There’s something about that song. . . that musician. . . that melody . . . that calms me. As I age, I realize how important music has become. When I need to unwind, disconnect. . . . get away, I turn to my music. I’m sure people have tried to reduce, to writing, the connection between music and the soul for ages and I don’t profess to have the skill for that. What I can say, though, is that the older I get the more I appreciate the calming influence music has on me.
When I travel, the first thing I do upon arrival at the airport is plug in. I don’t like being around large masses of people I don’t know and that dislike is compounded by the frequency with which I find myself there. Music, however, takes me away. . . if only for a few moments. I’m able to walk those corridors feeling calm, despite the chaos around. That escape allows me to deal with the pressures of work travel. It allows me, to some degree, freedom from the crises of the moment.
Over the years, my taste in music has changed. . . well, it’s broadened. I still enjoy the 80s music I grew up with, but my proverbial “music horizon” has expanded. I never thought I’d be a country music fan, but in fairness, it has changed dramatically over the last 20 years. Keith Urban, Kenny Chesney, Kid Rock (his newer tunes), Zac Brown Band, Florida Georgia Line, Rascal Flatts. . . to name a few. All of these artists, mixed in with Def Leppard, Aerosmith, AC/DC, Van Halen, Poison, Train, Coldplay. I open My Music, hit “shuffle”, sit back and relax.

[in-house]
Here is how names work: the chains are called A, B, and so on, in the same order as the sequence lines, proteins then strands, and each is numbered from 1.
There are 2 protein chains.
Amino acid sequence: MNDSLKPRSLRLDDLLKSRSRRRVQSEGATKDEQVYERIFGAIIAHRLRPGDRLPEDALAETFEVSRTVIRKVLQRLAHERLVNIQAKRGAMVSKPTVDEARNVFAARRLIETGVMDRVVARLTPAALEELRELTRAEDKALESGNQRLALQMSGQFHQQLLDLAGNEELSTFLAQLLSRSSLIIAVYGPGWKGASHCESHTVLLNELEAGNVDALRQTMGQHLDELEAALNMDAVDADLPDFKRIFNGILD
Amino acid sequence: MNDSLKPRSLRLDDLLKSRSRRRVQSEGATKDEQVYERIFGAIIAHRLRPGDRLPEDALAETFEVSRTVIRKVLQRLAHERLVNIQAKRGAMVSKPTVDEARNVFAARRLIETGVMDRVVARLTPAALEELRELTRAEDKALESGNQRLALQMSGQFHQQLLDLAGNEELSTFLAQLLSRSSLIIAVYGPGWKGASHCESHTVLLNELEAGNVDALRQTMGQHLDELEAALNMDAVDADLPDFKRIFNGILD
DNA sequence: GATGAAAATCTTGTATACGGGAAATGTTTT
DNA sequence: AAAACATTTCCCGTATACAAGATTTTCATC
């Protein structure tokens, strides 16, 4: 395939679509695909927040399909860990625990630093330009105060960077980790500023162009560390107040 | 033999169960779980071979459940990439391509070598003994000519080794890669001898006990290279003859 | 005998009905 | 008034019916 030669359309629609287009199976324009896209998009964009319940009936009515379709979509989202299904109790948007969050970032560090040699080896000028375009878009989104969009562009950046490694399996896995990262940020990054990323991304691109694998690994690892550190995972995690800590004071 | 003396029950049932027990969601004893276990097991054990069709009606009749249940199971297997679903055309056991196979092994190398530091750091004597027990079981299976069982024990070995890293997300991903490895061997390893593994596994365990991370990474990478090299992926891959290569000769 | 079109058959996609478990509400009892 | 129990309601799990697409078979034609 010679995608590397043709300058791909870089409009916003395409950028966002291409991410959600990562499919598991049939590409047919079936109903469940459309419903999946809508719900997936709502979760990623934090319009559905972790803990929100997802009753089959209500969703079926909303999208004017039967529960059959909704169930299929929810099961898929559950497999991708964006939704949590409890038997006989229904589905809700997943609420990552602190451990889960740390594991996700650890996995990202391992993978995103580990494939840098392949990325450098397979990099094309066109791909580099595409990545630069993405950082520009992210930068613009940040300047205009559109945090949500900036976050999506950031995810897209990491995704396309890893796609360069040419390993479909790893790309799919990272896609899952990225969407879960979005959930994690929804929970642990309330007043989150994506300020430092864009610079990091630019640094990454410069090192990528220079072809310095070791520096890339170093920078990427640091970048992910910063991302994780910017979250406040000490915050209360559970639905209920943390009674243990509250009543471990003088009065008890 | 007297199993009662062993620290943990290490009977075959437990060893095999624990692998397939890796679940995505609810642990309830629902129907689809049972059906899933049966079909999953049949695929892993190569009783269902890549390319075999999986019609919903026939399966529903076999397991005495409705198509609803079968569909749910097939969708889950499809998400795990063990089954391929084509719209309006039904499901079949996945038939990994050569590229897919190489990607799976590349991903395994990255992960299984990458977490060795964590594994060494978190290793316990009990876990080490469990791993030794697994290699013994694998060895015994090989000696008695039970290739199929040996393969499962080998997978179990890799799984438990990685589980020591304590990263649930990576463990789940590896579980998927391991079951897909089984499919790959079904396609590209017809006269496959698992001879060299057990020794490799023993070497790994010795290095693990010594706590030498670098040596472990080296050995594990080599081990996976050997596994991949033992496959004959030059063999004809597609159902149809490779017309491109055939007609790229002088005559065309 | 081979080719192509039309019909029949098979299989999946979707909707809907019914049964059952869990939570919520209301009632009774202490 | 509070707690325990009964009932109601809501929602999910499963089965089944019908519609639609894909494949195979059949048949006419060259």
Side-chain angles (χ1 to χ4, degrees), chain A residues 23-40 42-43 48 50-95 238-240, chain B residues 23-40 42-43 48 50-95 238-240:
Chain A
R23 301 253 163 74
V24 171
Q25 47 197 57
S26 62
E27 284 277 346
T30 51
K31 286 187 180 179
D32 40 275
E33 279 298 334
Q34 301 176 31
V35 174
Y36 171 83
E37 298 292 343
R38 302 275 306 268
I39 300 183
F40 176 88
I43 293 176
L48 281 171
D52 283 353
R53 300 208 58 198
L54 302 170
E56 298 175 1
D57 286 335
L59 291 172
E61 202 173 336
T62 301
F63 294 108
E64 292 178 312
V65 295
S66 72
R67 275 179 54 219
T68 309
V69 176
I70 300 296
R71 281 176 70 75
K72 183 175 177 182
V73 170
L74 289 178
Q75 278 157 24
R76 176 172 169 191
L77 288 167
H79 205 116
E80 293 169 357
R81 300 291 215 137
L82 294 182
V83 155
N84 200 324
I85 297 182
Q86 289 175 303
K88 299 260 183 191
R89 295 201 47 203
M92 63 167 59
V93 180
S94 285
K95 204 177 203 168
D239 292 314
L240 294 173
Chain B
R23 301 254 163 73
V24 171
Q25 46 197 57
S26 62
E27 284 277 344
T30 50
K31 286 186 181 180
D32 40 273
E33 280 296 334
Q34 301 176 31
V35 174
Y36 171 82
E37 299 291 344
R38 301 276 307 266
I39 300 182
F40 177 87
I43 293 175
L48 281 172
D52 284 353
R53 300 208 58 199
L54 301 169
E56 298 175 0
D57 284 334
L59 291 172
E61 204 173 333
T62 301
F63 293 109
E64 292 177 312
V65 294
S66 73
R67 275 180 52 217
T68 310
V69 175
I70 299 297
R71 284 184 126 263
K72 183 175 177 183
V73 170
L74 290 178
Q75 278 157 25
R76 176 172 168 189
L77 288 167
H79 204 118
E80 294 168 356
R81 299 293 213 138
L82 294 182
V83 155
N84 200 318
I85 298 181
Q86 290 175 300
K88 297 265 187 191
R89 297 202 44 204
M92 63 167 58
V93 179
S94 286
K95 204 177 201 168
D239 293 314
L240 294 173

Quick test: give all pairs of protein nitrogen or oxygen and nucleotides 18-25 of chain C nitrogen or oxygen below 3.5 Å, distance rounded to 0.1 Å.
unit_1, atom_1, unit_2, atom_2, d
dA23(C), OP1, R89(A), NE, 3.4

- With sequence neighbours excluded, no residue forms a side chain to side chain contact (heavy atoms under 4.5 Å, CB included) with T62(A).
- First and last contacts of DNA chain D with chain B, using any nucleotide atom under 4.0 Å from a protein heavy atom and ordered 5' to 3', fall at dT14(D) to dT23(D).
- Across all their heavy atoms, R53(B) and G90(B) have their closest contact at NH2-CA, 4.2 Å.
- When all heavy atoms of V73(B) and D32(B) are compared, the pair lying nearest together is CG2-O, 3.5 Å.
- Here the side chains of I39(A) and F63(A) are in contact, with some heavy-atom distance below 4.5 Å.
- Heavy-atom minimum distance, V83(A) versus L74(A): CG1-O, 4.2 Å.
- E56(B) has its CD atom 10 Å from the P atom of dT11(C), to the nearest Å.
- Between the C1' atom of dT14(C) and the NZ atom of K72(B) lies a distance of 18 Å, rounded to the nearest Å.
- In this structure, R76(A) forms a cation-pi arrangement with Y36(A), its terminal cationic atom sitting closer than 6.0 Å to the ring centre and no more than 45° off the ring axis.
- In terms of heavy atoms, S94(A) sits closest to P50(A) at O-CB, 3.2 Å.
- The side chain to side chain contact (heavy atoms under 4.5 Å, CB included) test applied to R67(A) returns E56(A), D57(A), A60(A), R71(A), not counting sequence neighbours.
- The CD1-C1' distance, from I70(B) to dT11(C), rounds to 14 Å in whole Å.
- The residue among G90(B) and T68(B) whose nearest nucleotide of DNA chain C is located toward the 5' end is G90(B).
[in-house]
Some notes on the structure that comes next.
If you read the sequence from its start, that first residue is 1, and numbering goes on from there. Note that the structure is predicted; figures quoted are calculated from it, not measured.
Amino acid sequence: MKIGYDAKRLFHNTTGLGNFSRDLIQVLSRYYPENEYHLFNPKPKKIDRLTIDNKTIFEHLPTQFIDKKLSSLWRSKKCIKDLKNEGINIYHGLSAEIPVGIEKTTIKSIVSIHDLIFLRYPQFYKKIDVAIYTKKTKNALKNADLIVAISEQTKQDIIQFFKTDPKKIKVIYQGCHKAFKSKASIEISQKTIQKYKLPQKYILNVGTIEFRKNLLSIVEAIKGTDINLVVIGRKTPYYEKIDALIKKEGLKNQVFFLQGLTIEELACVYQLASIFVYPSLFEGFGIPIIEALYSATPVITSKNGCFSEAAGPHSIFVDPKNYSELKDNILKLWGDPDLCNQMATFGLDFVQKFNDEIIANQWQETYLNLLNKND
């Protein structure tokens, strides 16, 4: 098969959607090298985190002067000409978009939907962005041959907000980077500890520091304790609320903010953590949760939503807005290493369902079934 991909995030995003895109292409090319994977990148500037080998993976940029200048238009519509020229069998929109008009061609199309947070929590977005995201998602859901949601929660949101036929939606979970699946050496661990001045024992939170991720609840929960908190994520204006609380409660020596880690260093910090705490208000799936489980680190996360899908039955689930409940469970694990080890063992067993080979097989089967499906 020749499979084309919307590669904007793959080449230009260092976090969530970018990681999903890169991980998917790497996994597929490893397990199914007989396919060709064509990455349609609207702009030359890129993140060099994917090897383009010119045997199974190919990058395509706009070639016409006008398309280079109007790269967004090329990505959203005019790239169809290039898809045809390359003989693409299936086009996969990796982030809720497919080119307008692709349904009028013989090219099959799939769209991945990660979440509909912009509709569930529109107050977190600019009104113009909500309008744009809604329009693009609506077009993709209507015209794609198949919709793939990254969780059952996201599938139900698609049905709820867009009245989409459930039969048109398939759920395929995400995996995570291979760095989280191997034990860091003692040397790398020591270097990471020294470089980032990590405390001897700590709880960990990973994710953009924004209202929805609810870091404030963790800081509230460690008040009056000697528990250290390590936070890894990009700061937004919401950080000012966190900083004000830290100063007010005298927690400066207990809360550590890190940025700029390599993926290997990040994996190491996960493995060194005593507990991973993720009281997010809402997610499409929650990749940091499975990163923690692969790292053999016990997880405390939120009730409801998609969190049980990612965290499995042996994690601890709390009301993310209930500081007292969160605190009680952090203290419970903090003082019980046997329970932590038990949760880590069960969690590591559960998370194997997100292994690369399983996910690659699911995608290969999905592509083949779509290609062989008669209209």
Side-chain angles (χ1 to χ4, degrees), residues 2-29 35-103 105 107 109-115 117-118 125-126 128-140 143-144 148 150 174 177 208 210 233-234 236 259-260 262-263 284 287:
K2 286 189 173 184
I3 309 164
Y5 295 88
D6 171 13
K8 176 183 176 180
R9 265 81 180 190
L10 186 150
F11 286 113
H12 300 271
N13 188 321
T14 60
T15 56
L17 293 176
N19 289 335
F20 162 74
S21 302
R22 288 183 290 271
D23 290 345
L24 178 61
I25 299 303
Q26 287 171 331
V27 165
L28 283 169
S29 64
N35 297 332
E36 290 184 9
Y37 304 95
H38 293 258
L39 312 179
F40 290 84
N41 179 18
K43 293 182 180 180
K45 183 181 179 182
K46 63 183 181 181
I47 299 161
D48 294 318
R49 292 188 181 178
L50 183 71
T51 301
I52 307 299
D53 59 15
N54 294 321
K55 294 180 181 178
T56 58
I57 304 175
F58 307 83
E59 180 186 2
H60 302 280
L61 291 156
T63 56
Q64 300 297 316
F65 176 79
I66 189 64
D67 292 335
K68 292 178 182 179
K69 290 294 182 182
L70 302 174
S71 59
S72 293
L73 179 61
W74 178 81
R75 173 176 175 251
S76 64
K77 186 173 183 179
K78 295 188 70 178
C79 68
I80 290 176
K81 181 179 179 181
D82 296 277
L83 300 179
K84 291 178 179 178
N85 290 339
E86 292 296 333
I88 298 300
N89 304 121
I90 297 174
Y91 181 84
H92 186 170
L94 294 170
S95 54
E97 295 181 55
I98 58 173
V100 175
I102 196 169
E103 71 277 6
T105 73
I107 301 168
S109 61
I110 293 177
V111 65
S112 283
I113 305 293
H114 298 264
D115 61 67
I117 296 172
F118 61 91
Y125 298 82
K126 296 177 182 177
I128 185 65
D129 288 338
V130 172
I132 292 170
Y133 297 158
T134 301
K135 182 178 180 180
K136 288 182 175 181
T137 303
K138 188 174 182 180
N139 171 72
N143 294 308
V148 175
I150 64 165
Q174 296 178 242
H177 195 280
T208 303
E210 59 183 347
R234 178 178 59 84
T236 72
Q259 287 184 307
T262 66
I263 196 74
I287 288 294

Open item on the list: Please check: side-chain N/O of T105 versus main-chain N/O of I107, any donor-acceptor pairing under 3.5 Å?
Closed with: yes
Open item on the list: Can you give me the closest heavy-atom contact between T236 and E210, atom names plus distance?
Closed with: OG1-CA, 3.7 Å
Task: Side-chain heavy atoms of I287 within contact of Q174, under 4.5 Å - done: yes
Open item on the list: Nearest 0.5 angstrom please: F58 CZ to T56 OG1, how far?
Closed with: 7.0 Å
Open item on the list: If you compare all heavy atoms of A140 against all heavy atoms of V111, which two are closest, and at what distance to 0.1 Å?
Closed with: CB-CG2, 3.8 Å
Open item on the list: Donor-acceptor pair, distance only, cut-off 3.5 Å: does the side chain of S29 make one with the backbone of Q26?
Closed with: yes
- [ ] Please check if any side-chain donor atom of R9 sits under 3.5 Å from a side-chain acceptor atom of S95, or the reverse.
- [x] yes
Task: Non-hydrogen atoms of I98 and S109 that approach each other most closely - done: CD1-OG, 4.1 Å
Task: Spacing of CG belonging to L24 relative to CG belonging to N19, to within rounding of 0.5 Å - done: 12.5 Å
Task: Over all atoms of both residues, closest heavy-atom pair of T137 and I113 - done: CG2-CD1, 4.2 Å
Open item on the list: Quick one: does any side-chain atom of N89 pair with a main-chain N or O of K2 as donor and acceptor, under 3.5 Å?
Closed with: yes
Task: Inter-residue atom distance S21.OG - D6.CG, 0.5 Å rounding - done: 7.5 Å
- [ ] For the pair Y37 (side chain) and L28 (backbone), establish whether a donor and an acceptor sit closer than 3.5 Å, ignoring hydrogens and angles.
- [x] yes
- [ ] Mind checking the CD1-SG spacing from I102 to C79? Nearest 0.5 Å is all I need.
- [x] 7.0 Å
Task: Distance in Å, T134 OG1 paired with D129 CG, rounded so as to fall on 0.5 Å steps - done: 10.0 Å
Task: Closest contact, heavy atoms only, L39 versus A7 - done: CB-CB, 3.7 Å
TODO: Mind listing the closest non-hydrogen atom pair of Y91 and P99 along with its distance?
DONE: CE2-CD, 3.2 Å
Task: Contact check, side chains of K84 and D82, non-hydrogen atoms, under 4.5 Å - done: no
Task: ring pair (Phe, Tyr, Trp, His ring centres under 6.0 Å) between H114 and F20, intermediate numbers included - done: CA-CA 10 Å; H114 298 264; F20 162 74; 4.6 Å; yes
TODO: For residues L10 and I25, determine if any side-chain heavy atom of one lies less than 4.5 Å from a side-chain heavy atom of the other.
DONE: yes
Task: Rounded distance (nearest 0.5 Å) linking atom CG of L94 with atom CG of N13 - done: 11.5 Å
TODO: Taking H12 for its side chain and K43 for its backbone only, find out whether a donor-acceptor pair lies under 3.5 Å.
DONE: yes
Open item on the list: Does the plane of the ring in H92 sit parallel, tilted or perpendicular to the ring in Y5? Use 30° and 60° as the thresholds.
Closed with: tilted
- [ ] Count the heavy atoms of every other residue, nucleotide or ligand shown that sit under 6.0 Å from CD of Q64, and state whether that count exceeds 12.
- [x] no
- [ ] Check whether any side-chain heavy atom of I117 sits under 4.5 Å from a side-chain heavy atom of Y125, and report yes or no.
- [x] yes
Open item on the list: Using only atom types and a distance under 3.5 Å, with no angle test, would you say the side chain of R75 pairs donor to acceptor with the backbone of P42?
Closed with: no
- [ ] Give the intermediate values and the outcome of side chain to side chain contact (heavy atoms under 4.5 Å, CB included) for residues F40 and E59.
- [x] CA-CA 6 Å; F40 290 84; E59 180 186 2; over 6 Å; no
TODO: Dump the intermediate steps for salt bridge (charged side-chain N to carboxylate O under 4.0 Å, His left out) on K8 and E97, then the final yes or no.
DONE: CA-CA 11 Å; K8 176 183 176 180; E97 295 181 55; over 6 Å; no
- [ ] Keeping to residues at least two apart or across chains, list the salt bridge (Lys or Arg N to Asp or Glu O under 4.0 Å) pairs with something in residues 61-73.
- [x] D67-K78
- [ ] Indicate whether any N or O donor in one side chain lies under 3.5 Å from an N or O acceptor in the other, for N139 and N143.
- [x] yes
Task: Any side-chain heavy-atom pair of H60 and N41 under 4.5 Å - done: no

Interestingly, I don’t like listening to music when I run. Running and Music — to me — is distracting. I either want to listen to music to relax, or I want to run to relax. . . they don’t mix. I know I’m in the minority when it comes to music and exercise, but it’s not something I can change.
Relaxation is fleeting for me. If I’m not traveling, or working, or running kids to football or tennis, I’m working around the house or in the yard. Thus, those rare moments when I can put the headphones on and drift away. . . . it’s priceless. My wife bought me a hammock a few years back and I’d find myself stretched out in the heat of the summer, headphones on, music playing . . . . it’s peaceful.
I have a great life, don’t get me wrong. I love my wife, my kids, my job. . . but I’d be lying if I didn’t admit the inherent pressure associated with juggling all of those many responsibilities.
For me, music truly is medicine for the soul. It calms. . . relaxes. . . provides escape. . . in my hectic life.